Sunburn – The morning read of what’s hot in Florida politics.
By Peter Schorsch, Phil Ammann, Jenna Buzzacco-Foerster, Mitch Perry and Jim Rosica.
FIVE YEARS AGO, BLOGGER PROPOSED TO GIRLFRIEND — YOU’LL NEVER BELIEVE WHAT HAPPENED NEXT from Sabrina Rocco’s original story, “Power brokers witness the proposal” via the Tampa Bay Times
One night (in July of 2011), at a “not-too-political happy hour,” a special quorum of power brokers was called at Cassis, the French restaurant on downtown St. Petersburg’s posh Beach Drive.
Peter, executive editor of city watchdog SaintPetersblog.com, and Michelle, former special assistant to former Gov. Charlie Crist, had gathered a gaggle of politicos and journos before, but this shindig felt different.
“Senator, what are you doing here?” Michelle asked Jack Latvala, R-Clearwater, who had just endured a total hip replacement the week before. “I wouldn’t miss this one for the world,” he replied, propped up on crutches.
Weird, she thought.
Peter and Michelle met in 2010 at Judge Thomas Minkoff‘s investiture. “In a room full of politicians, I found Michelle to be the most fascinating person,” Peter recalled. Before long, he charmed her into a date.
During Crist’s senate campaign, they worked late into the night. But the couple ended one night a week at Cassis with a few bubbly flutes of Champagne. They fell fast over their shared passion for politics and fervor for their city, St. Petersburg.
Back at that July happy hour, Rep. Jeff Brandes, R-St. Petersburg, introduced Peter, who told the crowd how his late father always wished his son would meet and marry a special woman. He had found that woman in Michelle. And he proposed.
When Michelle and Peter booked their wedding, they wanted swank and sentiment. Beach Drive, Vinoy Park, the waterfront were all special places where they spent great chunks of time: “That section of the world is the center of our universe,” Peter said. The Museum of Fine Arts was a perfect pick. Underneath the banyan trees, Peter and Michelle said their vows.
IN REMEMBRANCE: Peter J. Schorsch, who would have been 76-years-old today. There isn’t a day that goes by without me missing my beloved father and friend.
Now, on to politics…
HILLARY CLINTON’S BIG MOMENT
It was a moment America had never seen: a woman accepting a major party’s nomination for president.
Hillary Clinton accepted the Democratic nomination Thursday, pledging to unite a divided country and casting herself as a tested, steady hand in troubled times. She said she would work to improve the lives of all Americans, not just those at the top.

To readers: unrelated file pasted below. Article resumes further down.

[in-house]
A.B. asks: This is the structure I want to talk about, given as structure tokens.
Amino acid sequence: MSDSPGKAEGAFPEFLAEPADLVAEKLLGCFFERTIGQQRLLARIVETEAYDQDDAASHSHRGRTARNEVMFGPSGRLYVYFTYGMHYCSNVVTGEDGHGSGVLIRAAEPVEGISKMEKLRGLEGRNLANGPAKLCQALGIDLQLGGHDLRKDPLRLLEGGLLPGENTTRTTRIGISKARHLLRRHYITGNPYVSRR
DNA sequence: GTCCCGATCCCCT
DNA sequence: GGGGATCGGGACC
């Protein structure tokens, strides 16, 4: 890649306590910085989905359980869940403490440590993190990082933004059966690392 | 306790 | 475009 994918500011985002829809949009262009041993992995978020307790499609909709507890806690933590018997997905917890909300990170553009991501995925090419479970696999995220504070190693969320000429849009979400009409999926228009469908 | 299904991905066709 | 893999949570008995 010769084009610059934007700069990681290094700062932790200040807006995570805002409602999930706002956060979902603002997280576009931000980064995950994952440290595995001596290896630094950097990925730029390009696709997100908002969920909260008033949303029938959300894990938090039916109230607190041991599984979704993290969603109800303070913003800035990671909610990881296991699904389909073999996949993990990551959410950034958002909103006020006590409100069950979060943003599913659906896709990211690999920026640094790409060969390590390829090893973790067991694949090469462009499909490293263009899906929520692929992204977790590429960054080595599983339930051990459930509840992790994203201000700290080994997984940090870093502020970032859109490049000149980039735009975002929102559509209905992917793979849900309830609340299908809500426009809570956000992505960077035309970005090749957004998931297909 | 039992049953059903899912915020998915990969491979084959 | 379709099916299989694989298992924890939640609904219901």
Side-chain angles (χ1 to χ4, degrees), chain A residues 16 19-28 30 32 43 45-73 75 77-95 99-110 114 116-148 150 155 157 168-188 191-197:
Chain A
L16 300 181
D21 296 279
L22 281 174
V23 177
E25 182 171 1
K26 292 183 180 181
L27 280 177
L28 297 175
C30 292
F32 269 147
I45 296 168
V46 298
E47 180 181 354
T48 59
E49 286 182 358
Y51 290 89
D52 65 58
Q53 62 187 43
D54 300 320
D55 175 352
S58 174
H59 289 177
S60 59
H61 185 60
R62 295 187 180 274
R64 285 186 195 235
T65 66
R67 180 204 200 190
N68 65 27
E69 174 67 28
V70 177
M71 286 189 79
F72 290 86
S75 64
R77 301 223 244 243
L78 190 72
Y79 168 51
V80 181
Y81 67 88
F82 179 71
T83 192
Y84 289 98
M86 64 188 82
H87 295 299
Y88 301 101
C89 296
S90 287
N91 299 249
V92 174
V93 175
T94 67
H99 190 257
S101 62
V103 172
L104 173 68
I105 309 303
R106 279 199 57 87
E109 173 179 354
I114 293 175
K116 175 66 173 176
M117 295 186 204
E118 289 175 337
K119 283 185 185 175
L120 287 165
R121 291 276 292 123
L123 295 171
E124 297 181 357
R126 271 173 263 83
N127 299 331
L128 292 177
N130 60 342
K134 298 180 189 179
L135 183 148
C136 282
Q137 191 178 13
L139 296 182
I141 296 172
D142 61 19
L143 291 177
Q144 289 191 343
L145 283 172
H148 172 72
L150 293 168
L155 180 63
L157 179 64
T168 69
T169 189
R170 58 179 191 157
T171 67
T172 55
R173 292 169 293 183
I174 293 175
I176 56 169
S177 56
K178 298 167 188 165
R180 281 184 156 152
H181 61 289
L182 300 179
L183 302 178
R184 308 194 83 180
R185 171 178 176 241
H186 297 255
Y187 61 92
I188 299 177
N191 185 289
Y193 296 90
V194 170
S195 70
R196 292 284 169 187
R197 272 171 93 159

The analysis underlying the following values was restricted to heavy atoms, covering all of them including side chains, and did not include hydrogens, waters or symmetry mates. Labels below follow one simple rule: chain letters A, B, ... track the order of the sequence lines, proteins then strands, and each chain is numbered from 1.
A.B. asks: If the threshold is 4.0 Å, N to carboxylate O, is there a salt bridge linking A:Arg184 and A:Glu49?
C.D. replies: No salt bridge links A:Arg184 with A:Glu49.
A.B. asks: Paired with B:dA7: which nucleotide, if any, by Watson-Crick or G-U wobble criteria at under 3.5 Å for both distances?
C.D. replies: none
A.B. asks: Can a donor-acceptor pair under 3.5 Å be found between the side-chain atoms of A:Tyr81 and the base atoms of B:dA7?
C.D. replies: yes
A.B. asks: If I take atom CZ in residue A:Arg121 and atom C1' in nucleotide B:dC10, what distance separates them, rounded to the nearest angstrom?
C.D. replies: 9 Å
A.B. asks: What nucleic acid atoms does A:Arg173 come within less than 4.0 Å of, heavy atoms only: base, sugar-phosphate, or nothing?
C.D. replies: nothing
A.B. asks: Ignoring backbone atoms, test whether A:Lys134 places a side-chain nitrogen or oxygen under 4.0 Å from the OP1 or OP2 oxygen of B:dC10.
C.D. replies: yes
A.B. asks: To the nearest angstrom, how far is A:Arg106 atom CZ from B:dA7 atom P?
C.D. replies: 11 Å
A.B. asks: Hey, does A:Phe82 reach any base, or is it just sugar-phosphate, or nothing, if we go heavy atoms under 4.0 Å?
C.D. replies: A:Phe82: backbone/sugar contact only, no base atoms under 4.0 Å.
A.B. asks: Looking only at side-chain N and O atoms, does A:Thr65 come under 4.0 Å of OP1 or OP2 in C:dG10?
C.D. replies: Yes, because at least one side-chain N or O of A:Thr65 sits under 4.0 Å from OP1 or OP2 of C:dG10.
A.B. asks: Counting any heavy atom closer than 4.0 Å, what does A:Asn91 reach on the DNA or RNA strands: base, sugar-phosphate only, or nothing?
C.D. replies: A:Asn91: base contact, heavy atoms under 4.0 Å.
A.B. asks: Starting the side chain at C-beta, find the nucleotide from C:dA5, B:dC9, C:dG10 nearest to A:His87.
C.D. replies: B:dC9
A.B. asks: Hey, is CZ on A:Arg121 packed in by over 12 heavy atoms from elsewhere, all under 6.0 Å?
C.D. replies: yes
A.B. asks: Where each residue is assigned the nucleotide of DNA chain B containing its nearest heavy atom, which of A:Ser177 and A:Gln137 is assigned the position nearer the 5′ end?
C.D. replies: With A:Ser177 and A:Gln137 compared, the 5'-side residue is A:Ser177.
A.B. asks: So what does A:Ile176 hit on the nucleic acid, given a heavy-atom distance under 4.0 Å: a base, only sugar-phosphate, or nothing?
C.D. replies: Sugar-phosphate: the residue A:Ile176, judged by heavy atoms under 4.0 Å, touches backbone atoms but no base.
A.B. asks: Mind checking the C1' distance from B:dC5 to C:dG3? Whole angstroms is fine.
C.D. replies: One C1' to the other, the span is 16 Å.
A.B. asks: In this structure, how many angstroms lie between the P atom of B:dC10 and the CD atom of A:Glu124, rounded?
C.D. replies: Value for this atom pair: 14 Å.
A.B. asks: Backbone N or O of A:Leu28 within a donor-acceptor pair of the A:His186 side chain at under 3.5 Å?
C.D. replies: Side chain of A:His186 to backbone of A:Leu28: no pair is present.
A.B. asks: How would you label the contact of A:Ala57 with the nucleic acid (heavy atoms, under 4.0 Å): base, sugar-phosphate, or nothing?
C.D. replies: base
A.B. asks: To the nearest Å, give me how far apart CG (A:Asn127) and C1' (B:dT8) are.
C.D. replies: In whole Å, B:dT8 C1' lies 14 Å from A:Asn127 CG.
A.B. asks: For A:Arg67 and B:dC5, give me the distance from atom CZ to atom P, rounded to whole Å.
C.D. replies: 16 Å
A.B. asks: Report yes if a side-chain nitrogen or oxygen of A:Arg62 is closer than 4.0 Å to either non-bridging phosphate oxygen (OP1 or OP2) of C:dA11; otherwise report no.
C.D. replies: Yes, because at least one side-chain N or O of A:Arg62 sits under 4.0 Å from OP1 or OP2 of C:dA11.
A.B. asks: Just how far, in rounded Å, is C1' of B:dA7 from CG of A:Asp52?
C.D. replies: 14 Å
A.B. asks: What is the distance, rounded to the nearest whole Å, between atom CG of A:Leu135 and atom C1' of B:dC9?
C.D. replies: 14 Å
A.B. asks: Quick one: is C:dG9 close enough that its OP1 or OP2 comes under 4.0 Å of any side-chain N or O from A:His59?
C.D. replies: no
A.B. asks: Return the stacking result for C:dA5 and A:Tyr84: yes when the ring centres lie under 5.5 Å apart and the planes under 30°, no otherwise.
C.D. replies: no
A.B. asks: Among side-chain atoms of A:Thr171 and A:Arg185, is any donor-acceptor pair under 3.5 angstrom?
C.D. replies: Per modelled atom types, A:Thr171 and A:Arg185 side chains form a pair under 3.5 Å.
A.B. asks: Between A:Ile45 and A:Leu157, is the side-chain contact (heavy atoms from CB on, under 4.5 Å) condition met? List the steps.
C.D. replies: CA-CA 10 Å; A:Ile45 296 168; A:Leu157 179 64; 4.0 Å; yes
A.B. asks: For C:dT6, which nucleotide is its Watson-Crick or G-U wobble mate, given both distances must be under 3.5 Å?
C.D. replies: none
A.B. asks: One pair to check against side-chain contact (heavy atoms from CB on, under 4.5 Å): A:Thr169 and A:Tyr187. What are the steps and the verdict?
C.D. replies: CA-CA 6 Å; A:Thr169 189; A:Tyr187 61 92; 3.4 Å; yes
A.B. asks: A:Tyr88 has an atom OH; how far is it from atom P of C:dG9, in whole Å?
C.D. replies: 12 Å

She closed a convention that tested the party’s ability to unify after a divisive primary fight. After a rocky opening day featuring protests and jeers, the opposition settled down, but never faded completely.
— The real audience —
Clinton was greeted by cheering delegates eager to see her win in November. But her real audience was the millions of voters watching on television who may welcome her experience but question her character.
Clinton tried to make the case for why she deserves a second look.
“I get it that some people just don’t know what to make of me,” she said.
Noting her family’s humble roots, Clinton hailed her parents and grandparents, saying they instilled in her a work ethic that allowed her to go to college and law school and begin a career as an advocate for children before becoming a political spouse and a politician herself.
Clinton contrasted her decades of experience as first lady, senator, and secretary of state with Trump’s inexperience in politics. And she questioned his temperament.
“A man you can bait with a tweet is not a man you can trust with nuclear weapons,” she said.
— Introducing Mom —
Chelsea Clinton continued the family effort to show the warm side of her mother.
Nearly a quarter century after America got to know her as a gangly 12-year-old, Chelsea Clinton described Hillary Clinton as a mother who always made her feel “valued and loved” and a doting grandmother who will drop everything to FaceTime her 2-year-old granddaughter, Charlotte.
Chelsea Clinton spoke two days after her father, former President Bill Clinton, addressed delegates in what was as much love story as political speech. Chelsea Clinton followed suit.
“I hope that someday my children will be as proud of me as I am proud of my mom,” she said.
Trump’s family offered similar loving tributes at last week’s Republican convention. Both candidates have low popularity ratings and their campaigns have been trying to emphasize their personal, human sides.
— Still Bern-ing —
Most Bernie Sanders supporters heeded the Vermont senator’s call for unity – or at least his plea not to be disruptive. But there were exceptions.
As Clinton spoke, several people in the crowd unfurled a banner that said “Wikileaks.” It’s a reference to the leaked party emails that some say show the Democratic National Committee favored Clinton over Sanders.
Clinton struggled to keep command of the arena. Supporters chanted “Hillary” to drown out hecklers.
Some Sanders supporters chose a less disruptive way to express their views. They wore neon-green, glow-in-the-dark shirts emblazoned with the Sanders battle cry “enough is enough.”
— Reaching out —
Clinton wasn’t only looking to charge up the Democratic base. She was trying to win over Republicans.
The convention’s last day featured speeches from a former member of President Ronald Reagan‘s administration and a U.S. Chamber of Commerce official who is heading a Republican group supporting Clinton.
“I knew Ronald Reagan. I worked for Ronald Reagan,” said Doug Elmets, a Republican now backing Clinton. “Donald Trump, you are no Ronald Reagan!”
— Glad it’s over —
Trump appeared to be relieved that the Democratic convention was finally ending. He’s had enough criticism. In fact, he said Thursday that he wanted to hit some speakers “so hard their heads would spin.”
He didn’t identify anyone in particular, but mentioned “a little guy” who particularly bothered him. Could be former New York Mayor Michael Bloomberg — who is listed as 5 feet, 8 inches.